Community leaders honored for leadership in Japanese American WWII reparation efforts in Hawaiʻi
Bill Kaneko was in his late 20s when the Civil Liberties Act of 1988 was passed. It provided compensation for the Japanese who were unlawfully evacuated and incarcerated during World War II.
Kaneko was president of the Japanese American Citizens League’s Honolulu chapter. The young team — all in their 20s and 30s and mostly volunteers — worked to get restitution for 3,000 to 4,000 Japanese in Hawaiʻi.
He and other local and national leaders were honored last week by the JACL Honolulu for their leadership about 30 years ago. It was the first time they had all been together in several decades.
“And that’s the beauty of this story is that… we had this unique opportunity to help our parents and grandparents,” said Kaneko, who is sansei, or third-generation Japanese American. “And we didn’t know the magnitude of what we were doing and who we were up against. Collectively, we just pushed forward.”
This year marks the 80th anniversary of Executive Order 9066, which authorized the removal and incarceration of about 122,000 Japanese in Hawaiʻi and on the mainland during World War II. About 70,000 of them were American citizens. None were charged with disloyalty, and they could not appeal the government’s decision.
More than 2,000 Japanese from Hawaiʻi were incarcerated. They were predominantly community, business and religious leaders suspected of disloyalty. But none were found guilty of sabotage, espionage or other acts against the United States.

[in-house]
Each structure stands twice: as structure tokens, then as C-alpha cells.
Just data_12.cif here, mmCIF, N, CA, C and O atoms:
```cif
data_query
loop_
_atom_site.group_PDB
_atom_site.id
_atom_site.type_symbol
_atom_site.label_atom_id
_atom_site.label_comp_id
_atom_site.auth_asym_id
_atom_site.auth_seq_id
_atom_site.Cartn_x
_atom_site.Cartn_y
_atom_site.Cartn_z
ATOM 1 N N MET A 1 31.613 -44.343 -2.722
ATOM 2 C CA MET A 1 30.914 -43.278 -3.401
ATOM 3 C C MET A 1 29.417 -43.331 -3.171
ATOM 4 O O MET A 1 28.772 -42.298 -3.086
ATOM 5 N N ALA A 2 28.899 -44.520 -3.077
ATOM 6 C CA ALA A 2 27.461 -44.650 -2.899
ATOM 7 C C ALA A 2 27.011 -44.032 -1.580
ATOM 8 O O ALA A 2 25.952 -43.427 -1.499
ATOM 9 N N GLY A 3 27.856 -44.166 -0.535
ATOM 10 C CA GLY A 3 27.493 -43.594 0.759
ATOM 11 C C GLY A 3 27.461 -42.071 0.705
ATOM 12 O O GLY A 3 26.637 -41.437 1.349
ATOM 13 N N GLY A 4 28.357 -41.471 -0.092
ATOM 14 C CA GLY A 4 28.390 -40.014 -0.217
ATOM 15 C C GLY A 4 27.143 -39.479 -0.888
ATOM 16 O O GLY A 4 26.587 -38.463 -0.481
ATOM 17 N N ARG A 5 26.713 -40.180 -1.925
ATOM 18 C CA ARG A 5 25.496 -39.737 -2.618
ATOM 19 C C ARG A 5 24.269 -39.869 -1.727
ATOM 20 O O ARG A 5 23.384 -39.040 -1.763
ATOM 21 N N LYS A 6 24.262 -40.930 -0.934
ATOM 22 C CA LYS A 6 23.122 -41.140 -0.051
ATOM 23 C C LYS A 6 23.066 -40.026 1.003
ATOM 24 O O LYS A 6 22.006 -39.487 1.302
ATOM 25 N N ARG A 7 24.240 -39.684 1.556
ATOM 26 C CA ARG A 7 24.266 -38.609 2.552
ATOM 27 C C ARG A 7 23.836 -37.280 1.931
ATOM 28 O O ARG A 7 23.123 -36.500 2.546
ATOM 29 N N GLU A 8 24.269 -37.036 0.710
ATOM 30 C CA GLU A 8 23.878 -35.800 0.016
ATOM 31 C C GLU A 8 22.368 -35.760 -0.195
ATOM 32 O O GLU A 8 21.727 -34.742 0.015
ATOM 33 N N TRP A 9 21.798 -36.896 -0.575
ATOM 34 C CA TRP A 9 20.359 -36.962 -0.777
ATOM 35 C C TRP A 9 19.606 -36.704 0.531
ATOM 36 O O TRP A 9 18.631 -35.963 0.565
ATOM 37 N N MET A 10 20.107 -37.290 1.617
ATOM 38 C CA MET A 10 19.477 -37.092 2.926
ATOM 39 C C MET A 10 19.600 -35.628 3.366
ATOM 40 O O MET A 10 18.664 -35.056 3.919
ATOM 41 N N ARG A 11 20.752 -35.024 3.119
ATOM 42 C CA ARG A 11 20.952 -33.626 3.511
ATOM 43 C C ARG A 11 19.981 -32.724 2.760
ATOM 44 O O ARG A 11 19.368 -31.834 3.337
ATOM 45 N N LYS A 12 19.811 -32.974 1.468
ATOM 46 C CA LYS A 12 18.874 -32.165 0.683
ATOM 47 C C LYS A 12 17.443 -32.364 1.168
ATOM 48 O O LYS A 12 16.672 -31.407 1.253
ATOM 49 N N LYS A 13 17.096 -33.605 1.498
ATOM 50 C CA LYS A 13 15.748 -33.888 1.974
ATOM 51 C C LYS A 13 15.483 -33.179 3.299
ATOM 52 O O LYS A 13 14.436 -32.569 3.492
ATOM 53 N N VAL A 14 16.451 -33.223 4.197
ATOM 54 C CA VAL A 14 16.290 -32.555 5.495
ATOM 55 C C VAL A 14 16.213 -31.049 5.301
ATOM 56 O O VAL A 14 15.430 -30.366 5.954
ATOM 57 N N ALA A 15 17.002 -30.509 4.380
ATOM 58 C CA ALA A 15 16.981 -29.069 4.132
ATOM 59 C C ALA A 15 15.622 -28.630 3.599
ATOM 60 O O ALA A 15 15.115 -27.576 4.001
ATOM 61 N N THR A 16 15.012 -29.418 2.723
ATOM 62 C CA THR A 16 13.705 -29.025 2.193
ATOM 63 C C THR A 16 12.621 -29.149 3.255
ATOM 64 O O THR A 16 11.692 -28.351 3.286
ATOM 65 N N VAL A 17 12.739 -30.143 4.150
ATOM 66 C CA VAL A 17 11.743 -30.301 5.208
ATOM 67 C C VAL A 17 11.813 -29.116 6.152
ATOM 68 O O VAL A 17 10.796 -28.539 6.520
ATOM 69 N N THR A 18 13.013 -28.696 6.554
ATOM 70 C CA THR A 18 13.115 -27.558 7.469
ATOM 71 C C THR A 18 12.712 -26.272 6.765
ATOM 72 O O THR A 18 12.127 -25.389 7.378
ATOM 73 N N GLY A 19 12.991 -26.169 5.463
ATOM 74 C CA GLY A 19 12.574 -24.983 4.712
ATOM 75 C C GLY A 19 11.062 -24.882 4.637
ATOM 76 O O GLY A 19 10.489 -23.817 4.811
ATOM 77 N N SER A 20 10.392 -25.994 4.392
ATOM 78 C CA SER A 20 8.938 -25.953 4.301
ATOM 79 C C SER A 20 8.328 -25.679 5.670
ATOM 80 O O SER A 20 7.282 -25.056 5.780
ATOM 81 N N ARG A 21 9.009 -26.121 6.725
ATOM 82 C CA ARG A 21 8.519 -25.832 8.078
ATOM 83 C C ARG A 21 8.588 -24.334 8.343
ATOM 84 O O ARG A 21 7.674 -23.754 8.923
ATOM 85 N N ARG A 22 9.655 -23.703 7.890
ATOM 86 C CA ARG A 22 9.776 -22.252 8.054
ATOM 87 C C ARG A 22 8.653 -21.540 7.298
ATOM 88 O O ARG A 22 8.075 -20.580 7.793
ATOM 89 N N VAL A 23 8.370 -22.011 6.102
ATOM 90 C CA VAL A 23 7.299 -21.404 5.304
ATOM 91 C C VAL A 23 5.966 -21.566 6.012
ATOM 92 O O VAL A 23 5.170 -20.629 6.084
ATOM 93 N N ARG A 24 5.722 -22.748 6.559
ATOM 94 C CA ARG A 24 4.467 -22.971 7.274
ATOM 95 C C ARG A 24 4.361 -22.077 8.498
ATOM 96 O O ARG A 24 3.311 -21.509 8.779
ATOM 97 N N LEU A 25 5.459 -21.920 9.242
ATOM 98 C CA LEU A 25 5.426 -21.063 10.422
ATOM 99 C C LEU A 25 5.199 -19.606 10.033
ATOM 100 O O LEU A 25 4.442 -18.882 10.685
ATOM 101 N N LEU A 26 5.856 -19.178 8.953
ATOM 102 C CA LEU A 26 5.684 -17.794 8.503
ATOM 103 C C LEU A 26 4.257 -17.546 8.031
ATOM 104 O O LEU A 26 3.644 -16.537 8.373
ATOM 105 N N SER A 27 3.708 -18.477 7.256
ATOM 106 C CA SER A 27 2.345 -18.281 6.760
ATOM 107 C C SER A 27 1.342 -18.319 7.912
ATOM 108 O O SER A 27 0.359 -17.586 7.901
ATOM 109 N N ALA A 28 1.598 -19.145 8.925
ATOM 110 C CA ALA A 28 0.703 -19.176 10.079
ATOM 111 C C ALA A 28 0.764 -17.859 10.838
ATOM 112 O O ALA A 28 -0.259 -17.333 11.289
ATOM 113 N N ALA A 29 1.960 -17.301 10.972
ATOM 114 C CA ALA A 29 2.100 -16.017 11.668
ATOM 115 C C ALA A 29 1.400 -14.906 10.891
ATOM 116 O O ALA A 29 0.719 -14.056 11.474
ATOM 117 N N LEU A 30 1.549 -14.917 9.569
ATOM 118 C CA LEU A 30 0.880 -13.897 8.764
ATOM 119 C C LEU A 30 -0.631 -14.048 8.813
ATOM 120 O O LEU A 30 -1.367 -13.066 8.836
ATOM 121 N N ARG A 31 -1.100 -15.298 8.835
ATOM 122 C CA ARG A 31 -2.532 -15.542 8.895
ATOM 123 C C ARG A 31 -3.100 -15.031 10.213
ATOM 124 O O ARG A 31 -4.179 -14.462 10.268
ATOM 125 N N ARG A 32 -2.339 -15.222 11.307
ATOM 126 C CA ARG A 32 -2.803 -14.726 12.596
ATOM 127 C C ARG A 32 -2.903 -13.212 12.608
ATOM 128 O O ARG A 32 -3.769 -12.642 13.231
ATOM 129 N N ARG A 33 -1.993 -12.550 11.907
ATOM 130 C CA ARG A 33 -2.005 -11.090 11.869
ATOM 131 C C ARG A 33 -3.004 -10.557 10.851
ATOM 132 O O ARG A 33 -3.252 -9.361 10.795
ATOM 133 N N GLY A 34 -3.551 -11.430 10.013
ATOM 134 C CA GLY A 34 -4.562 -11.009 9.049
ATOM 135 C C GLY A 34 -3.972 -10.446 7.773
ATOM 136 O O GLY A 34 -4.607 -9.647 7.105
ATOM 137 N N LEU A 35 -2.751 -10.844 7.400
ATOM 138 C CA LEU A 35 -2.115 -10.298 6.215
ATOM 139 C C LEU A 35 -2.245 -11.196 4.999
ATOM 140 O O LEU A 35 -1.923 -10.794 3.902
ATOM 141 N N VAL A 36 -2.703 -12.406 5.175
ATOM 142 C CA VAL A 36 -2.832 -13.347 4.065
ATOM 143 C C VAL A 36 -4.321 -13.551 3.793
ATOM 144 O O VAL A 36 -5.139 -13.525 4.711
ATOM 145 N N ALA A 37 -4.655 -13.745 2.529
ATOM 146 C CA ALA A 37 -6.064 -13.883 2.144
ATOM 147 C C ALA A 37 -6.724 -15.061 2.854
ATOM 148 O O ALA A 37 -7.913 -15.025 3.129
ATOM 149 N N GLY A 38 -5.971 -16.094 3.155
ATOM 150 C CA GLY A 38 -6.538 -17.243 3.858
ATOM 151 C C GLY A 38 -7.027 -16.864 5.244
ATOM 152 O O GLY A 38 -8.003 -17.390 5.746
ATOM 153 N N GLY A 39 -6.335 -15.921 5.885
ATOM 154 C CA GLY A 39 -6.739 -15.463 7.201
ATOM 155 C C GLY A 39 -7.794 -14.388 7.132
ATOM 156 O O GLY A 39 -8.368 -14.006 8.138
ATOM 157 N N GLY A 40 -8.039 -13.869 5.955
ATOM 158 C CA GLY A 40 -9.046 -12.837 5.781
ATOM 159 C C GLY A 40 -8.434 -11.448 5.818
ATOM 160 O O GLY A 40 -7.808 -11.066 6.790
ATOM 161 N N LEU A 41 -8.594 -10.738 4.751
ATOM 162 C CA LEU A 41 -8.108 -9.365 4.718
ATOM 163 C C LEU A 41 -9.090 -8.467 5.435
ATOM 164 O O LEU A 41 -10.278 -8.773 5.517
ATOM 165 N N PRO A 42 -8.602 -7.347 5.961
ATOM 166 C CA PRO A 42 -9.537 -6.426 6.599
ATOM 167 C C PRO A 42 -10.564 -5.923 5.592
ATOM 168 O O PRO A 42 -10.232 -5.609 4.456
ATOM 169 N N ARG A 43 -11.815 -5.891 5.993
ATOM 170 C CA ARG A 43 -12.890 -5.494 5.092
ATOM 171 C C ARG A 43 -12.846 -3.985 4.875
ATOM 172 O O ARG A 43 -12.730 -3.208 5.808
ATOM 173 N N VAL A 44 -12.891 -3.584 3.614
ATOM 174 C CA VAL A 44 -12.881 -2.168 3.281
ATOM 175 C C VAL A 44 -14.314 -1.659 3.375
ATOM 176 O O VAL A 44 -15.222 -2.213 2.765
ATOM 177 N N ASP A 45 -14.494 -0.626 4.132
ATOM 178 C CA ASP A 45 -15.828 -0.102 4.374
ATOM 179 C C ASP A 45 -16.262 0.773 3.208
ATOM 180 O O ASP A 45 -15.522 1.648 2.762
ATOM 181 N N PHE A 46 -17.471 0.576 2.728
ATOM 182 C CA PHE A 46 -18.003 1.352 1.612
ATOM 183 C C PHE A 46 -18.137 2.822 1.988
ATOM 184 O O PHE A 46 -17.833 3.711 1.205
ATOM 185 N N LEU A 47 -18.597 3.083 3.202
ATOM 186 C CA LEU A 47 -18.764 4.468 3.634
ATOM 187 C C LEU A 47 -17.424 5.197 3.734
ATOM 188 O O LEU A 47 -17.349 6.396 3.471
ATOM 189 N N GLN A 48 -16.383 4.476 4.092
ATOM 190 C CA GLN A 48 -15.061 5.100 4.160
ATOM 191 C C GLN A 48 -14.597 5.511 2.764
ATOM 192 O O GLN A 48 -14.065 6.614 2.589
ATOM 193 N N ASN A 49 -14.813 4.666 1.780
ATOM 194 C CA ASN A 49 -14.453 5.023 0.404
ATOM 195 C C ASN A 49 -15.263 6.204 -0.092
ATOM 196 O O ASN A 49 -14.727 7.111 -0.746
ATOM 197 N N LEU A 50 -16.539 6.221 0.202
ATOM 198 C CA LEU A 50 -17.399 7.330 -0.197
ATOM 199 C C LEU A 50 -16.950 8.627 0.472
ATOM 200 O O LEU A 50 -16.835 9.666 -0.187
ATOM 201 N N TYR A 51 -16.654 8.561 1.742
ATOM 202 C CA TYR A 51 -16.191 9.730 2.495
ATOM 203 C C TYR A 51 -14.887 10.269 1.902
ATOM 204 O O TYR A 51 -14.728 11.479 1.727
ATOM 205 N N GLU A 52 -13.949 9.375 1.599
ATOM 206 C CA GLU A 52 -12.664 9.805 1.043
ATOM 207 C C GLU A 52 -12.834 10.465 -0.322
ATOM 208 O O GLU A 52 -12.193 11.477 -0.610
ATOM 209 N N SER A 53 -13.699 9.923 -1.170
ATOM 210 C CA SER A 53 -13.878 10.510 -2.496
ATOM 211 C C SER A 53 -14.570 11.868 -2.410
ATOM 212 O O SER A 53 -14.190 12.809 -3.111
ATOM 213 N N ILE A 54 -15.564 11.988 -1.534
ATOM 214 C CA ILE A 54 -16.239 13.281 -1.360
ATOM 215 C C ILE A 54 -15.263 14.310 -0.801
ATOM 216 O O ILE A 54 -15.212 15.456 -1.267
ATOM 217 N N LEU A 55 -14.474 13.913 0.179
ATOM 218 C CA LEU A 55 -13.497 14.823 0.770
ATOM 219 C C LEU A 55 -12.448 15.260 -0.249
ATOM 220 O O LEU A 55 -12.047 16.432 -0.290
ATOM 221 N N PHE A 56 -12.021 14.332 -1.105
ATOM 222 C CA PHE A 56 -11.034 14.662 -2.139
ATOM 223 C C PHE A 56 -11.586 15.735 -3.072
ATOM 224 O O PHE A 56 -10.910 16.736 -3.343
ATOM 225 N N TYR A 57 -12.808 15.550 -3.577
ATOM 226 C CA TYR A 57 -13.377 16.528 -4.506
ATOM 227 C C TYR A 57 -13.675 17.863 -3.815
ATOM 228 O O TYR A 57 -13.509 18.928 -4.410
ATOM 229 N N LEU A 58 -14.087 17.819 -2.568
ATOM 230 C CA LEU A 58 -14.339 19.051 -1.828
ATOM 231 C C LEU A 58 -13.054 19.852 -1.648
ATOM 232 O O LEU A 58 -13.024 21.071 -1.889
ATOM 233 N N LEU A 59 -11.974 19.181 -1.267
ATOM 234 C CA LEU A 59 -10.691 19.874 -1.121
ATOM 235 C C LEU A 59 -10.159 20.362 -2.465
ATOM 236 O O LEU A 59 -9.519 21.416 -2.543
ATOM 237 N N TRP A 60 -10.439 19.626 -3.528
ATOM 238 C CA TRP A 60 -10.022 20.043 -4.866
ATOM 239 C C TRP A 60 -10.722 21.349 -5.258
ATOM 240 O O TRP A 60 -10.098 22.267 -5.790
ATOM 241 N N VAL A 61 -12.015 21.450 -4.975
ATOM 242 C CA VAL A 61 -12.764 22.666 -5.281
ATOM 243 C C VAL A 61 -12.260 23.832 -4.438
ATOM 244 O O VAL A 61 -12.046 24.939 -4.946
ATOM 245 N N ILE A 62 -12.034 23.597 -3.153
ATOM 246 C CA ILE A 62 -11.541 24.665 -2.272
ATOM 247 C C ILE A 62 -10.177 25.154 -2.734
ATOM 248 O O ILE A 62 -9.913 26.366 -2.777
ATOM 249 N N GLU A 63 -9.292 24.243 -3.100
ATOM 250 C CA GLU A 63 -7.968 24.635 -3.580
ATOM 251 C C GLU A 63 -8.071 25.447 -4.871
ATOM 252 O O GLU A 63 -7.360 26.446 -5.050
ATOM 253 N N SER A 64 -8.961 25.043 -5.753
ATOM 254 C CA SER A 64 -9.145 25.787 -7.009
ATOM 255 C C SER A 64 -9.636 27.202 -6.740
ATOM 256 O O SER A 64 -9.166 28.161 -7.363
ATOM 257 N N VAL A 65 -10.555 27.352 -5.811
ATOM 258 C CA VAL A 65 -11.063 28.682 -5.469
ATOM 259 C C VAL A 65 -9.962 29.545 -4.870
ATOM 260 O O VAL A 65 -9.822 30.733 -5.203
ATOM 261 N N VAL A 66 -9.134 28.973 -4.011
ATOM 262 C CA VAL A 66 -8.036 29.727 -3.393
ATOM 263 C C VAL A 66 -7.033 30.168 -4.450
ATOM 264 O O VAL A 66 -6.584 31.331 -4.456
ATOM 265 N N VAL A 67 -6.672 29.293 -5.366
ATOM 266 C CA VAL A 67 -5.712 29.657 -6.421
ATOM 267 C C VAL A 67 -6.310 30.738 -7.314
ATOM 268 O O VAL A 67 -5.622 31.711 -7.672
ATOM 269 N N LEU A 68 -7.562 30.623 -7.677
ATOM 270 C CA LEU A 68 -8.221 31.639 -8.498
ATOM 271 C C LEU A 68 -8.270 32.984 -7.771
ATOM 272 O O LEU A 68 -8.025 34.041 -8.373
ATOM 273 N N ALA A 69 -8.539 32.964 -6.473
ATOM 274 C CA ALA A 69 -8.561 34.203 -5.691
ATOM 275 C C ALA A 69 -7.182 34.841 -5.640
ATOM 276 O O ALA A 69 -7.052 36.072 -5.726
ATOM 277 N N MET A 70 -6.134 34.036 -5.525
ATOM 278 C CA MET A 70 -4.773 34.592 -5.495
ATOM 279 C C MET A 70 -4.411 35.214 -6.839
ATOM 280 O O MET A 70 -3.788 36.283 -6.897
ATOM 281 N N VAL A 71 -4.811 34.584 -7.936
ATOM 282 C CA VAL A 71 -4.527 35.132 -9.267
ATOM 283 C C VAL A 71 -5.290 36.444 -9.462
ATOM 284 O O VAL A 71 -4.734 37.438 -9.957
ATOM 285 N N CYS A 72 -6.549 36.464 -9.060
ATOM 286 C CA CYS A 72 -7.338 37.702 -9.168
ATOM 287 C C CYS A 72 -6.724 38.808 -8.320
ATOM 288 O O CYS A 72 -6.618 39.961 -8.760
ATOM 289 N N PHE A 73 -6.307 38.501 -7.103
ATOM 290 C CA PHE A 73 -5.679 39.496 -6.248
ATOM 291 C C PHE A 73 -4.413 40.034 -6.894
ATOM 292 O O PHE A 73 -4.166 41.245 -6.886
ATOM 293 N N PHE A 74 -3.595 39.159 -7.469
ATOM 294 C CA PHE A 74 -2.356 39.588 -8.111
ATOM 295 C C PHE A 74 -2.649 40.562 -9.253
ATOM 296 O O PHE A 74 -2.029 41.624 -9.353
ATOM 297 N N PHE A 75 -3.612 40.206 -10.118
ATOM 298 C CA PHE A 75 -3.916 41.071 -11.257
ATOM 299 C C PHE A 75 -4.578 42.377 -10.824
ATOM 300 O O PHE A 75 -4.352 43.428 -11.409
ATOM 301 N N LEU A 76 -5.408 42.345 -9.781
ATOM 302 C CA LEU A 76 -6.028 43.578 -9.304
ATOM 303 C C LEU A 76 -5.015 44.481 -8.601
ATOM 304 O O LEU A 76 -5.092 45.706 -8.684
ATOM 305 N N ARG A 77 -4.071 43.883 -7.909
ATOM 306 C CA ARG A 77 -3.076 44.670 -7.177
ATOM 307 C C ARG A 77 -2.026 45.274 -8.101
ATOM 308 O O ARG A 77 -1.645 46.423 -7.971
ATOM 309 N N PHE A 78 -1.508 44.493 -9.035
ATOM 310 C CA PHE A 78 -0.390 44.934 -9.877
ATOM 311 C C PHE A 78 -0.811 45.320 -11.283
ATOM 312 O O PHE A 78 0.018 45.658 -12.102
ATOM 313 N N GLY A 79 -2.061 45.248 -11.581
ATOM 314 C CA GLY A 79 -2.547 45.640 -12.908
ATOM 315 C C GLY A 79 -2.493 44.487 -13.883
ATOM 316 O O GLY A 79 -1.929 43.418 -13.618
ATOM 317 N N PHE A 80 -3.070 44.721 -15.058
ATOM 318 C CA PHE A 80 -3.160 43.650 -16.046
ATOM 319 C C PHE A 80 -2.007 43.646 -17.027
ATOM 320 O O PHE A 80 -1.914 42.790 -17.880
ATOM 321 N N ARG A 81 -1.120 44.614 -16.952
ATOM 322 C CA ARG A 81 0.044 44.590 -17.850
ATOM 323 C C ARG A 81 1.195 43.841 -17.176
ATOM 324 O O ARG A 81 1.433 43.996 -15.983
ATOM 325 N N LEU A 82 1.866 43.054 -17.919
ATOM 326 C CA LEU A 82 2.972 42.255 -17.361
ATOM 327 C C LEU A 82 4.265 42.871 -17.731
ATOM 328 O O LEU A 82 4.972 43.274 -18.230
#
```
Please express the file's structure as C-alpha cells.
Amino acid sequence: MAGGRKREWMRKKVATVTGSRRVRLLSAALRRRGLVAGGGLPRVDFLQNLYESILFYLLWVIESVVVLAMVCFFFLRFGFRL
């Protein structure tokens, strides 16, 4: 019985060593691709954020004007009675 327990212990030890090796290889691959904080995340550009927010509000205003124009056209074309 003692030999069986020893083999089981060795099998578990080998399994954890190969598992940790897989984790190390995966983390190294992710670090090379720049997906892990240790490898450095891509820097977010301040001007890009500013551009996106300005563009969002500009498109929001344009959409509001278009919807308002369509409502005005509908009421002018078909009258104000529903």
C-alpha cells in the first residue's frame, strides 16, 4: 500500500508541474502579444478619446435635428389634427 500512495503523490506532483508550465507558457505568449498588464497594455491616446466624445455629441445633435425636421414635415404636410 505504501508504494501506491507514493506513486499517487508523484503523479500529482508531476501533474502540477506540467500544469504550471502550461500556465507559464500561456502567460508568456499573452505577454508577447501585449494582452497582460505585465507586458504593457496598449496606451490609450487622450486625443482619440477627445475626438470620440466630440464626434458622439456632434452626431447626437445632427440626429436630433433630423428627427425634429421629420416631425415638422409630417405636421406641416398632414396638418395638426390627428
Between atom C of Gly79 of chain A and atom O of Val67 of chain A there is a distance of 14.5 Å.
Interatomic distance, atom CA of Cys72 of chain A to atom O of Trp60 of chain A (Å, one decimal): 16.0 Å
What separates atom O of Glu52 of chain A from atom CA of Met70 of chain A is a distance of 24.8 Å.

“It became very personal to hear the stories,” Kaneko said. “It’s heart wrenching. It was devastating.”
The Civil Liberties Act of 1988 created the Office of Redress Administration, which apologized and set up a program to provide restitution to those who were incarcerated. Over the next decade, more than 82,000 Japanese received compensation. Each payment was $20,000.
Kaneko said about 1,500 Japanese Americans in Hawaiʻi were also evacuated but not incarcerated, just because they lived near military areas the government deemed sensitive. His father-in-law was one of them. The JACL Honolulu fought for them to get compensation, too.
“They were pretty much forced at gunpoint to leave their homes,” he said. “Nowhere to go, taking their belongings, like what do you do? And so that was a quandary because… there was no roster to be able to verify that they were displaced from their homes.”
Jennifer Mikami had just graduated from the University of Hawaiʻi at Mānoa. She was one of two researchers who found documents, including the first memo ordering the evacuations, to build the Hawaiʻi team’s case. And they prevailed.
“It really was a gift of a lifetime to be asked to do this work,” said Mikami, who is yonsei, or fourth-generation Japanese American. “I think we all grow up thinking you want to make a difference in your lifetime. And to be so young, to have that moment to contribute in a real way, it’s powerful.”
The team’s efforts also impressed national leaders, including Bob Bratt and Joanne Chiedi, who led the Office of Redress Administration. They were also in Hawaiʻi last week as JACL awardees.
“It was long days because these folks were dedicated to what they were doing,” said Bratt, who was the office’s director. “And they were pushing, pushing, pushing. So the group here, we went out and ate together. Bill and I play golf together once in a while, but we worked together.”
Chiedi, who served as deputy director, echoed similar sentiments. Both she and Bratt were also young leaders back then — both in their 20s and 30s.
“We were true partners,” she said. “There was that mutual respect and understanding, which really made it special.”
Kaneko said he and the JACL built on that momentum to continue fighting for civil rights and social justice.
“These events and gatherings really ensure that we remember and we recognize what happened in the past,” he said. ”But more so to appreciate what we have now in terms of our freedoms… so that these kinds of injustices don’t happen again.”